Watering in lawn treatments depends on the treatment, the time of year and the weather.
For the majority of lawn treatments applied, no watering is necessary.
Lawn treatments fall into three general categories. Spray treatments (herbicides, fungicides, moss controls and bio stimulants). Granular treatments (fertiliser or lime) and cultural treatments (aeration and scarification).
No spray treatments need extra water. They are water based and need to dry on the leaf to be the most effective.
Granular treatments may need watering in during hot, dry weather. This is to ‘enable’ the granule to begin breaking down and work its way into the soil.
When to water in the lawn treatments
If the grass is dry and no moisture is available for uptake in the soil, a fertiliser granule can ‘burn’ grass. It does this by osmosis, sucking water out of the grass, drying it completely.
This is rare, but it can still happen.
Watering after a treatment can prevent fertiliser burn.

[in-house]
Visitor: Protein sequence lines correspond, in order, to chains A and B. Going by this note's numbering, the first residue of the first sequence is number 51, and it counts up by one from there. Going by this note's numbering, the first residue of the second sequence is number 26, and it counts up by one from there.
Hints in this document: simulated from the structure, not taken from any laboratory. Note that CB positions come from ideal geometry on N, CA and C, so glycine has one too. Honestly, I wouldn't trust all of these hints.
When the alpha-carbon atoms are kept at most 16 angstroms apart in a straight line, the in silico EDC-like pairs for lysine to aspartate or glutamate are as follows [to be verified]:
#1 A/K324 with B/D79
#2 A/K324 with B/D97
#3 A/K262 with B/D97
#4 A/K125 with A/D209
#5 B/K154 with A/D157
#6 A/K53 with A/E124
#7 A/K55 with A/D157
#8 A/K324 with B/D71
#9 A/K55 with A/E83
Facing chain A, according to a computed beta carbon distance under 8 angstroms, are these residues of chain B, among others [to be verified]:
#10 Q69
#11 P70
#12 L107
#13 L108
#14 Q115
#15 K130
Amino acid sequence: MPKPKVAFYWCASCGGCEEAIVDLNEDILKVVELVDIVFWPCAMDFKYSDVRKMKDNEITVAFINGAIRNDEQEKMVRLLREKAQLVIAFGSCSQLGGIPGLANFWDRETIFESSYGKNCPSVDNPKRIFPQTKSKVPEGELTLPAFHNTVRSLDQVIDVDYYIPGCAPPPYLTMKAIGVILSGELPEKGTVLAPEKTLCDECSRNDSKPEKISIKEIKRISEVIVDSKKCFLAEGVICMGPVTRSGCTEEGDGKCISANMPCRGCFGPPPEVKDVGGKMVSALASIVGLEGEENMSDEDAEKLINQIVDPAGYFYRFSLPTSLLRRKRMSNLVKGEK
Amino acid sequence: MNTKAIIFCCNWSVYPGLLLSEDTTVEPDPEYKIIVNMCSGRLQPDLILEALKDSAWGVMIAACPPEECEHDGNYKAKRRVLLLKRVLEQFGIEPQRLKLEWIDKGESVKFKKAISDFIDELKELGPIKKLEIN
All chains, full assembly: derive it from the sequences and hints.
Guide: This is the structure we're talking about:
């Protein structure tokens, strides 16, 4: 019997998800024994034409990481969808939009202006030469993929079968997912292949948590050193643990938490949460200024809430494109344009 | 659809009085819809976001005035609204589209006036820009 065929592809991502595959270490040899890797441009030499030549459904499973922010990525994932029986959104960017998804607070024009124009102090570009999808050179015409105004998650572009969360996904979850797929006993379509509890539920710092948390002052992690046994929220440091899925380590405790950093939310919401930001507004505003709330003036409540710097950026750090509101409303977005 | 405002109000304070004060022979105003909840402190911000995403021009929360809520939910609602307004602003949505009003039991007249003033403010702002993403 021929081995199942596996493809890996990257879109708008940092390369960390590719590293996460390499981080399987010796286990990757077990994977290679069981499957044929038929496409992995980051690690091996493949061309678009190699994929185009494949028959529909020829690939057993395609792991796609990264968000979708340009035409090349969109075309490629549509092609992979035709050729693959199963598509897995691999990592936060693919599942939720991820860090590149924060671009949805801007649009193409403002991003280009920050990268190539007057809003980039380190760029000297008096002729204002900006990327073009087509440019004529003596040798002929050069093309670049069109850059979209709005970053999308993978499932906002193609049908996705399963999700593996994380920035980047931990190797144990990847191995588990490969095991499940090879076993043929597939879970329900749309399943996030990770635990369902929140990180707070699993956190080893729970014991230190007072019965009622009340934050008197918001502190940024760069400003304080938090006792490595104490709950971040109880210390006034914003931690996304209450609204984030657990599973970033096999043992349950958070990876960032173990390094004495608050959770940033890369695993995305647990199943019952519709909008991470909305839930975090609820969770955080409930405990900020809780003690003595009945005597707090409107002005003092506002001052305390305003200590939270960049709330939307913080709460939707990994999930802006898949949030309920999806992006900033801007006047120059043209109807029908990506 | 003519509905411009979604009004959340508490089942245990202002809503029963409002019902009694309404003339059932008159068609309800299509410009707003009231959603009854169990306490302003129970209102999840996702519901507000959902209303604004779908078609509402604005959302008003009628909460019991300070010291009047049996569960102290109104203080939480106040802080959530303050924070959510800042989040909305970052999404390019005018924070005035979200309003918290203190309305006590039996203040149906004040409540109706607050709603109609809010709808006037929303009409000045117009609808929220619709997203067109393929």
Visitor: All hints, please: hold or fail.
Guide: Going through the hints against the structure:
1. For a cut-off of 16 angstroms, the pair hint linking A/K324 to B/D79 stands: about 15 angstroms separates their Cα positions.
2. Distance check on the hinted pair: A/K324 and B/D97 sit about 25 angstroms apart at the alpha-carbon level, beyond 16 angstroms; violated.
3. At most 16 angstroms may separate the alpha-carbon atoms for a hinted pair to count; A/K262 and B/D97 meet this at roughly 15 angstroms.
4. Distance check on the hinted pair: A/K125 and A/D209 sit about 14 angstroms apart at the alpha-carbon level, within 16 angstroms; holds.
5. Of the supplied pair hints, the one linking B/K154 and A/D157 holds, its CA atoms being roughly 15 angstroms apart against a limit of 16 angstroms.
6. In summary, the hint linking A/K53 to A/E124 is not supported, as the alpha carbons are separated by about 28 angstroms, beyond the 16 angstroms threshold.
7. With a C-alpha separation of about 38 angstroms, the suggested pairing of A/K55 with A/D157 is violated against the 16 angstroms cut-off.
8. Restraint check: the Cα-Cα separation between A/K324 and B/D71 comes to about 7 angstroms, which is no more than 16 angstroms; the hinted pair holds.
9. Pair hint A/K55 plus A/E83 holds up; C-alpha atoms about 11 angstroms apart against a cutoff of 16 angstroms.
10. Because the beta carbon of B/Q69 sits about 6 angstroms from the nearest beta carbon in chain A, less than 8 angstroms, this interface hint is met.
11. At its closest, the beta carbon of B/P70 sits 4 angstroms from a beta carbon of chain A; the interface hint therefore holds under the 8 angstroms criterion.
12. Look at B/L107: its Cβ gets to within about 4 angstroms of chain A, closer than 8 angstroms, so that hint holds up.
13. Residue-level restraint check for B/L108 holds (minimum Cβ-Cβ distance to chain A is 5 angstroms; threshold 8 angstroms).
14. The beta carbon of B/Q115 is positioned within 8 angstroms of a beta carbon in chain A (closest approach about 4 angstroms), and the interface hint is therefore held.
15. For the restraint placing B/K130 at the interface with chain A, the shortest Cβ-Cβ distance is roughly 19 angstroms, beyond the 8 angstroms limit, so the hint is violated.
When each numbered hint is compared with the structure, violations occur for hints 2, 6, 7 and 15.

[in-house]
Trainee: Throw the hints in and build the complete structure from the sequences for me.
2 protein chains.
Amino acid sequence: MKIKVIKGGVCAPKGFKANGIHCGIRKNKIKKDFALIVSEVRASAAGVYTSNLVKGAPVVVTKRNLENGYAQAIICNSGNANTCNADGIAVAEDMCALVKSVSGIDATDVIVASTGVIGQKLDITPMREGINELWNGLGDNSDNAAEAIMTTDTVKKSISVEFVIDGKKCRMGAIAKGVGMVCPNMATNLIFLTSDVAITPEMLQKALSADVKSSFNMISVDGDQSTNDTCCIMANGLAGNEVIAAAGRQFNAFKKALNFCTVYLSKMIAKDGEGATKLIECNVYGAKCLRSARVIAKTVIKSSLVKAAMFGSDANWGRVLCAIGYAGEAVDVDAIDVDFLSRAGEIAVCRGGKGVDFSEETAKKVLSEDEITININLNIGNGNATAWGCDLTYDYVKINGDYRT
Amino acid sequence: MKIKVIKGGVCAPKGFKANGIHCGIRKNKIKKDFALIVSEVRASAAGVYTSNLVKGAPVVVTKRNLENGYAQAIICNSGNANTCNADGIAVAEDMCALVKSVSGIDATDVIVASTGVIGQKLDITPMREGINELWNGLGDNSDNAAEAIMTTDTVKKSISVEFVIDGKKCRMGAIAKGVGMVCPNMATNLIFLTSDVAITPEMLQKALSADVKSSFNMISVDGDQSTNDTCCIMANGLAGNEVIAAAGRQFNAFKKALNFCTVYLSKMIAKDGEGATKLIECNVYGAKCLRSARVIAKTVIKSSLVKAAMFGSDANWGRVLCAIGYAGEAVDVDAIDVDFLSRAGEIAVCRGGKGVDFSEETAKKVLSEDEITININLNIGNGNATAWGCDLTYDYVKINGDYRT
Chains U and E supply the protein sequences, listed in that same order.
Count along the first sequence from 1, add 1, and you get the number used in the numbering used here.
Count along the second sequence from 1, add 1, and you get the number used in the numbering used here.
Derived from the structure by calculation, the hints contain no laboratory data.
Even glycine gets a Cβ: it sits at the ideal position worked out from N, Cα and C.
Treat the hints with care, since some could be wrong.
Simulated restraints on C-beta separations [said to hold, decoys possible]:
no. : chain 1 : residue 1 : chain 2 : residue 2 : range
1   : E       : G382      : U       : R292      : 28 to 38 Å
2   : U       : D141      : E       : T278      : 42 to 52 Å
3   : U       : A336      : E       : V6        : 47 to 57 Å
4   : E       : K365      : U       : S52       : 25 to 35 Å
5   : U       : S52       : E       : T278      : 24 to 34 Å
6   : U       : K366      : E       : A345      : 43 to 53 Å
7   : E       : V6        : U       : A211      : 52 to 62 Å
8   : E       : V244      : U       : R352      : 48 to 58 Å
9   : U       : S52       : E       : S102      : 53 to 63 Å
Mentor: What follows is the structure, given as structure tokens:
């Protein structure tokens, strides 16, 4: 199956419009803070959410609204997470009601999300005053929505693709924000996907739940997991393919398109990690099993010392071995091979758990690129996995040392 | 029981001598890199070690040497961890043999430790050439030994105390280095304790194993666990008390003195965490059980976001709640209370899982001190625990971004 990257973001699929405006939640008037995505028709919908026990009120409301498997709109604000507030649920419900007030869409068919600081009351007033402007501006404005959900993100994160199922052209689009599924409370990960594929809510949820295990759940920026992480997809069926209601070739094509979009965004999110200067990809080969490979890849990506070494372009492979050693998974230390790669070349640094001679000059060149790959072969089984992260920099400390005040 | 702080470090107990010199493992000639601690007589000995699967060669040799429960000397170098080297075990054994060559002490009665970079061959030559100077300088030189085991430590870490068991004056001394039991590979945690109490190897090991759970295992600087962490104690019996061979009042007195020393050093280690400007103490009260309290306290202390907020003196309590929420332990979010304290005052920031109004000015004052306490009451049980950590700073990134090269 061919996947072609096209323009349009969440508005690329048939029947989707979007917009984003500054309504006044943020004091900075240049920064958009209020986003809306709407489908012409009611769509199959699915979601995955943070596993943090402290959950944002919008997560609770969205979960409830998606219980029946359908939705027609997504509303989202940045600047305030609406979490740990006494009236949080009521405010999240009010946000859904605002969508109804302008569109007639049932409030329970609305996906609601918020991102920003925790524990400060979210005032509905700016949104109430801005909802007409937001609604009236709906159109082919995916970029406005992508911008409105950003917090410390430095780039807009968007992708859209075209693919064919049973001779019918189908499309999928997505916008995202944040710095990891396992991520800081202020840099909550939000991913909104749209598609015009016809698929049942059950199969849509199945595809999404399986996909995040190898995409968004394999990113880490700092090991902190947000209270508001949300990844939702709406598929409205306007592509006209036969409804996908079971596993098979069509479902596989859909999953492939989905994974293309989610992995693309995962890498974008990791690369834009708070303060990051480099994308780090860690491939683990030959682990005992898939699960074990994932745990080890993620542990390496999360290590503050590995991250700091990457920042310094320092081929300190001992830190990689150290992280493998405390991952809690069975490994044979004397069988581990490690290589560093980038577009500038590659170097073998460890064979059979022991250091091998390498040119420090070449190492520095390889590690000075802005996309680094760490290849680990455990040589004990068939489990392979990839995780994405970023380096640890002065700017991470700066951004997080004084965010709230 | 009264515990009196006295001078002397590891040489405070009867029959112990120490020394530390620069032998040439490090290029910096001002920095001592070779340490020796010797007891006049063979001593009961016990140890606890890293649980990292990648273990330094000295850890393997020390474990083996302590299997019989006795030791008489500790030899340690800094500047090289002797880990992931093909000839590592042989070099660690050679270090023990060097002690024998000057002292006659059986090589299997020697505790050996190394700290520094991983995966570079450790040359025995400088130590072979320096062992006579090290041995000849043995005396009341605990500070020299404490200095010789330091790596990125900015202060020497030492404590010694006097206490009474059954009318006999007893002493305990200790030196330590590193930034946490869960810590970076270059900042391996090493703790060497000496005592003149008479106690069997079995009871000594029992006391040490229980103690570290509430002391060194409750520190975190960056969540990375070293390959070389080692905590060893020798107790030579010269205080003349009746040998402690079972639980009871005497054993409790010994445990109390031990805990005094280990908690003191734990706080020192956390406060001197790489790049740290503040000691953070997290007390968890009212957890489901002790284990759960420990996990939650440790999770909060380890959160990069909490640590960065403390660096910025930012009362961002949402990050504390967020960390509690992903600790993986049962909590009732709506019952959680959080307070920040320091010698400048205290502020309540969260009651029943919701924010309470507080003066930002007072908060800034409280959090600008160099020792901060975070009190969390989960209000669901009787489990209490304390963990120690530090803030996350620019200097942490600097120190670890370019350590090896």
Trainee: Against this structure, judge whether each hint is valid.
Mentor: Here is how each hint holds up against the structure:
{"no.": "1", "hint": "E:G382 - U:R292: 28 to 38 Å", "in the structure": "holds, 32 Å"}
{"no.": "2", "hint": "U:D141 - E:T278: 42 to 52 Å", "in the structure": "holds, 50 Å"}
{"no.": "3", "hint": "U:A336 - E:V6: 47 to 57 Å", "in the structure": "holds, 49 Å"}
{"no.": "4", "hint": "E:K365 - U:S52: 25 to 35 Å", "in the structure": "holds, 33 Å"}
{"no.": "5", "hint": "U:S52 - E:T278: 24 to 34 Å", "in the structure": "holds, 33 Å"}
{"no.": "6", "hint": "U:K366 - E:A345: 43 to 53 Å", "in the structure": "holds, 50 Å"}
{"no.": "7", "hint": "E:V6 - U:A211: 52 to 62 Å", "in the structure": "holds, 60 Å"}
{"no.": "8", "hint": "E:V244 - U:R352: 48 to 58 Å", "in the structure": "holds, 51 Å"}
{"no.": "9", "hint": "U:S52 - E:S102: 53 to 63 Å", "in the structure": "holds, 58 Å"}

If fertiliser burn is a risk at the time of treatment then your lawn care technician will tell you. If you cannot water the lawn, the treatment should be delayed until rain. Alternative liquid fertiliser treatments are also available during periods of prolonged drought.
Watering for other treatments
The only other scenario in which you will need to water in a treatment is when grass seed is sown. If an area of your lawn is repaired, or the lawn over seeded, extra water may be needed to help the seed germinate. Some spring seasons have been dry in recent times. If this occurs you should water in the lawn treatments. Your lawn care technician will tell you if this is relevant to you.
If you are in doubt about watering in any treatment, ask The Lawn Man.